Baby Boomer parents relax: your millennial kids with college degrees are far from doomed.
They actually had a pretty awesome 2015, depending on what they studied.
Unemployment for young college grads — ages 22 to 27 — fell to 4.9% by September, just below the current national average of 5%, according to a report published Friday by the Federal Reserve Bank of New York.
These Millennials are also getting paid more: median incomes for recent graduates rose to $43,000 in 2015, up from about $40,000 in the prior year. Compare that to the wages of the same age group who only have a high school diploma — their wages have fallen in recent years, now at $25,000 a year.
Overall, it’s good news that incomes are rising for job market newbies.
But when you parse out the data by a graduate’s college major, results vary — a LOT.
Young graduates who studied chemical engineering are snagging the best paying jobs: $70,000 a year, while those who studied religion and theology got jobs that paid $28,600 a year, the lowest.
Graduates who majored in agriculture, construction or nursing are dominating the job market. Their unemployment rates are 2% or lower — less than half the national average of 5%. Recent grads with nursing degrees make about $48,000 a year.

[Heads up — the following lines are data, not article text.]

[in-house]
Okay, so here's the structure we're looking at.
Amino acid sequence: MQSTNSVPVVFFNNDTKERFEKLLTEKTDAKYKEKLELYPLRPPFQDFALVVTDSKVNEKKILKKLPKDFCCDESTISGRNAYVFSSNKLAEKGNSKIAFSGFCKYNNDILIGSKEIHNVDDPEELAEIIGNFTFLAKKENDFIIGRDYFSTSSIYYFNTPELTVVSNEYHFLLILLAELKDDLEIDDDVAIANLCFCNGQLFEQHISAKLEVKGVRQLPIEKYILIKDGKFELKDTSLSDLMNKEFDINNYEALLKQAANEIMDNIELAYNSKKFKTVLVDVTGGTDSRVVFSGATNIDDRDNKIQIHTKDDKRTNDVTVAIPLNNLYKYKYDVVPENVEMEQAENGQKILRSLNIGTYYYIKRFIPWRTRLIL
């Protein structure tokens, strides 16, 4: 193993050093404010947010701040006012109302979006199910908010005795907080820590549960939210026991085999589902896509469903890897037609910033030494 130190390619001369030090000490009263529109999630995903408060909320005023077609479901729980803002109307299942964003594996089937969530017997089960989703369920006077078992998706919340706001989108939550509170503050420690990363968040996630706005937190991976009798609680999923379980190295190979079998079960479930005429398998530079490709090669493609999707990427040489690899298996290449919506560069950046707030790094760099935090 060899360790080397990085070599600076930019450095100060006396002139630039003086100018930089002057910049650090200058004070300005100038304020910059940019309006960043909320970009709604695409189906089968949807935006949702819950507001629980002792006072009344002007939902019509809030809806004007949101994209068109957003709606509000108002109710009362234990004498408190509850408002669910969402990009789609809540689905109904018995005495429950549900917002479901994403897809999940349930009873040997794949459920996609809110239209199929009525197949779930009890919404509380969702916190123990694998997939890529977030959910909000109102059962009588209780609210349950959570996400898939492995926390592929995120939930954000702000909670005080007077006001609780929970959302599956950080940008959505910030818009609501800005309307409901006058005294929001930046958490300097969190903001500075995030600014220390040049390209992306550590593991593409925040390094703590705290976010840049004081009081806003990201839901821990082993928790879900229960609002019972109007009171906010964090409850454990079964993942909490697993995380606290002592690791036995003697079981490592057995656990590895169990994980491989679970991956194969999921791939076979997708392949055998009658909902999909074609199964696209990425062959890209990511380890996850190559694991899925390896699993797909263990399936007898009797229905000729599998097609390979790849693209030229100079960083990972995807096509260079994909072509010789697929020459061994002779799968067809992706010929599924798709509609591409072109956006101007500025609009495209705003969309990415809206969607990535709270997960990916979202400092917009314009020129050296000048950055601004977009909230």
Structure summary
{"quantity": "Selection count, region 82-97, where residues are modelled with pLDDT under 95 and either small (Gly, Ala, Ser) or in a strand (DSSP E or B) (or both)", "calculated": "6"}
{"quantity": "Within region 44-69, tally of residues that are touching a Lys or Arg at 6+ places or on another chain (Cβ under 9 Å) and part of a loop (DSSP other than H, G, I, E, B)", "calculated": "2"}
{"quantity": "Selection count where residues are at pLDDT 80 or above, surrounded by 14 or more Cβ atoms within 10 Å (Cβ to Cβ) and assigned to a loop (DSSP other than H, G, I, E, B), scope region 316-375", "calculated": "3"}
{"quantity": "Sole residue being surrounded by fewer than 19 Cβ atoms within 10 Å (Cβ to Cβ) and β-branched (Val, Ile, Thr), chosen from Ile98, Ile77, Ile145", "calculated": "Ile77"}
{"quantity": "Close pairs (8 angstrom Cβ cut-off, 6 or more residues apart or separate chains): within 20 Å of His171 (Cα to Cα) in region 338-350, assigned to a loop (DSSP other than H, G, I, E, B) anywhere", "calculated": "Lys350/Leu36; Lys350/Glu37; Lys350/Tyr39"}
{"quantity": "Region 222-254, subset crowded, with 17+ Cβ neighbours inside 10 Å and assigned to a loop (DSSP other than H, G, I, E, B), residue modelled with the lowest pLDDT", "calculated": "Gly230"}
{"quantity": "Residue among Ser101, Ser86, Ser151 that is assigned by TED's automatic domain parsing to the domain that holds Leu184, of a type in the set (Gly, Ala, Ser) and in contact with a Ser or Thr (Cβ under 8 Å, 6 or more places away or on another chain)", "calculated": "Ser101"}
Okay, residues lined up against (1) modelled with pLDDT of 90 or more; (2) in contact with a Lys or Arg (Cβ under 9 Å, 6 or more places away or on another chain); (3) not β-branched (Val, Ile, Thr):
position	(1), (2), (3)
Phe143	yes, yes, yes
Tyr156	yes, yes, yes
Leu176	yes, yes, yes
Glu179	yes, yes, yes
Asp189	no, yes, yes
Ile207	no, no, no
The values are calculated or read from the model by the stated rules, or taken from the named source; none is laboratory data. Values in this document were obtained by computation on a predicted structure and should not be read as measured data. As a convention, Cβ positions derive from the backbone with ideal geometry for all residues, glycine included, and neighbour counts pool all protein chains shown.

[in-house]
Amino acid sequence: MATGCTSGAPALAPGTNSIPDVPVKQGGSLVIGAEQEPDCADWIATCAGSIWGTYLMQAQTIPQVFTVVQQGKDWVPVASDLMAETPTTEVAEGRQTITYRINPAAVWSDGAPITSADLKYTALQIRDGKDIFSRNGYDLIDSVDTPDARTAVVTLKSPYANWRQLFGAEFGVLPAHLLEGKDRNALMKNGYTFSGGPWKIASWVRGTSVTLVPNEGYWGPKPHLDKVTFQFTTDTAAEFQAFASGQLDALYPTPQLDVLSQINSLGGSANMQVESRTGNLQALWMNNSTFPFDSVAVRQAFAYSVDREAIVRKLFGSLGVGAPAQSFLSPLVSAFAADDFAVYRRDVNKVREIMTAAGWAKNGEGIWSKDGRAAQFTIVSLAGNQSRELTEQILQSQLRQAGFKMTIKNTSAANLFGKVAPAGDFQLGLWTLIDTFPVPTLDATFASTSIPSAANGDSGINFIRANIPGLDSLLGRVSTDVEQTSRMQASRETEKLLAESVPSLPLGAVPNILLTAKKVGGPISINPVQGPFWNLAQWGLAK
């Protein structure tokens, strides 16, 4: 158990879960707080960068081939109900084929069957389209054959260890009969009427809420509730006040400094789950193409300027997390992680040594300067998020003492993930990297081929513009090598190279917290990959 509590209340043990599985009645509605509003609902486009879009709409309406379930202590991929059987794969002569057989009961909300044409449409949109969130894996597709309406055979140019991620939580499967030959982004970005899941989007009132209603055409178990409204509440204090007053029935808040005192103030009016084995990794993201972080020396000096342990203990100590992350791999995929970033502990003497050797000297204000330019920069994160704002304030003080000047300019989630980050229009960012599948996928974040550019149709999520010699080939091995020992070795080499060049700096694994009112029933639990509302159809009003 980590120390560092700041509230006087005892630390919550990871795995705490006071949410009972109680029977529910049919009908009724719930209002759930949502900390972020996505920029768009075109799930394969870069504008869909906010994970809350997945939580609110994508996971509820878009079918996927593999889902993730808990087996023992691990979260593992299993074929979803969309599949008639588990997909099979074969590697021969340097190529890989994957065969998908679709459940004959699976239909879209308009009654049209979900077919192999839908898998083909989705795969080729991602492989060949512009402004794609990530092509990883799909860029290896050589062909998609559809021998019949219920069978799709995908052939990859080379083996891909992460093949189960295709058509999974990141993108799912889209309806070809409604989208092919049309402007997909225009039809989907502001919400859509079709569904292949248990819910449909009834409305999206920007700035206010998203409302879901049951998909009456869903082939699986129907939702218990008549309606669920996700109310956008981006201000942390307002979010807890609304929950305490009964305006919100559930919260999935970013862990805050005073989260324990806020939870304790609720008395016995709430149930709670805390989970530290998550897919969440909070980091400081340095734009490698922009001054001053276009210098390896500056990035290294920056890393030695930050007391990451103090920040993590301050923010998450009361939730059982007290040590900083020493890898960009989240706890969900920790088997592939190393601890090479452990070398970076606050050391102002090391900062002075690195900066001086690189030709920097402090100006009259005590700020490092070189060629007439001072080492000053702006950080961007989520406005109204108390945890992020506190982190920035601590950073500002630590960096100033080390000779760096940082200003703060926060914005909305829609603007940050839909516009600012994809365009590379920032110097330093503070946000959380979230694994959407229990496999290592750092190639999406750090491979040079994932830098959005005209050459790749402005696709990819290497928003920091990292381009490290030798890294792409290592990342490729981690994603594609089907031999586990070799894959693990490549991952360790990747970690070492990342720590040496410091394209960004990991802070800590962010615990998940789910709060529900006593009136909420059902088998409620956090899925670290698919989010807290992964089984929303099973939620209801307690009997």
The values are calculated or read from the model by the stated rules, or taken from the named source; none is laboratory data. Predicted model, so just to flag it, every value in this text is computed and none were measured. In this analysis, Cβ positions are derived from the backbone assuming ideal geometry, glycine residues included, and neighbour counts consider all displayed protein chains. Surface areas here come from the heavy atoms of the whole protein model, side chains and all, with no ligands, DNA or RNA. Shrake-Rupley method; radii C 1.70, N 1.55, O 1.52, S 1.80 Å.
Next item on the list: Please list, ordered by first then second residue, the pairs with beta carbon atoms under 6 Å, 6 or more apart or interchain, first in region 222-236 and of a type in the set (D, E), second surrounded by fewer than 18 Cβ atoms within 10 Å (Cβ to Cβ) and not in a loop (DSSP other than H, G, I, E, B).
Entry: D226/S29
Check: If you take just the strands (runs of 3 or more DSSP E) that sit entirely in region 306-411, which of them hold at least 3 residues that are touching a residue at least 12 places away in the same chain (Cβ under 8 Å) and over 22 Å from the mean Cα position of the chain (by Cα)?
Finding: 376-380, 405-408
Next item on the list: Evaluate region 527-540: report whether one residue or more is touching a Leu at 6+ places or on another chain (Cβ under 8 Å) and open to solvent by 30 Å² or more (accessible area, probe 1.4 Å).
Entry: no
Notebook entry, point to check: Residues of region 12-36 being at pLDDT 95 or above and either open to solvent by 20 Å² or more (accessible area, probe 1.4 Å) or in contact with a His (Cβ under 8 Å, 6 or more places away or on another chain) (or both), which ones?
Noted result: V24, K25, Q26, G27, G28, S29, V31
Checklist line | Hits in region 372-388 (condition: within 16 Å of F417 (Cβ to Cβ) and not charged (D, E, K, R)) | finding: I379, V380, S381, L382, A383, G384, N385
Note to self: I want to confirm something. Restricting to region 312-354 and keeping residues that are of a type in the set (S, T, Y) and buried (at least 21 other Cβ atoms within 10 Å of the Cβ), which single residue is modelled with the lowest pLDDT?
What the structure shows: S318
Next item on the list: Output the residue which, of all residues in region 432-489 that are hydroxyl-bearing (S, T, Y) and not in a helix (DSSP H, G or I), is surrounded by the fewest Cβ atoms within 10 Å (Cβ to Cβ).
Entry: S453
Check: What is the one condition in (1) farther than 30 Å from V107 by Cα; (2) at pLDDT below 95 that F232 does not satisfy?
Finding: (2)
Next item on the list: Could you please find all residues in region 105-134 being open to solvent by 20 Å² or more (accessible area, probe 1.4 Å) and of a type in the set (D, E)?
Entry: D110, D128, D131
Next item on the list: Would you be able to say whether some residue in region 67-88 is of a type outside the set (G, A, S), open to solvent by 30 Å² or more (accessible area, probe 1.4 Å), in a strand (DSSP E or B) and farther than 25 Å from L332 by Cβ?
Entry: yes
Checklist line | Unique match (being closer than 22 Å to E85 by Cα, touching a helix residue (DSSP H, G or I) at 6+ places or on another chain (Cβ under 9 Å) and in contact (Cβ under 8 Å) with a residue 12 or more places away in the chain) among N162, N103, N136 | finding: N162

Fine arts graduates struggle a lot — Their starting salaries are on the lower side of the spectrum of new graduates: $29,000 a year, 7.6% are without a job and 62.3% end up taking lower paying jobs that don’t require a college degree.
Philosophy majors didn’t fare too badly. Only 5% couldn’t find jobs and recent grads earned $35,000 a year.
They were in the news recently, when presidential hopeful Florida Senator Marco Rubio took them on in a debate. He said: “Welders make more money than philosophers. We need more welders than philosophers.”
A CNNMoney analysis found that to be untrue.
For new liberal arts graduates overall, the unemployment rate is 5.8% and the median wage is $32,000 a year.
Many Americans have feared during and after the recession that college grads were not finding work or were settling for less, working jobs that didn’t require a college degree, or as economists refer to them: underemployed
In fact, underemployment has been falling for the past two years. About 44.1% of recent college grads are underemployed, according to the New York Fed.
That may sound high, but it’s not unusual. The underemployment rate was even higher in 2004 (44.6%) and in 1992 (47.7%). Right before the 2001 recession, underemployment fell into the high 30s but quickly climbed back up.
It’s important to note that underemployment doesn’t always mean a bad job.
About 36% of young college grads are in jobs that don’t require a college degree but make over $45,000 a year — above the median wage for all new grads.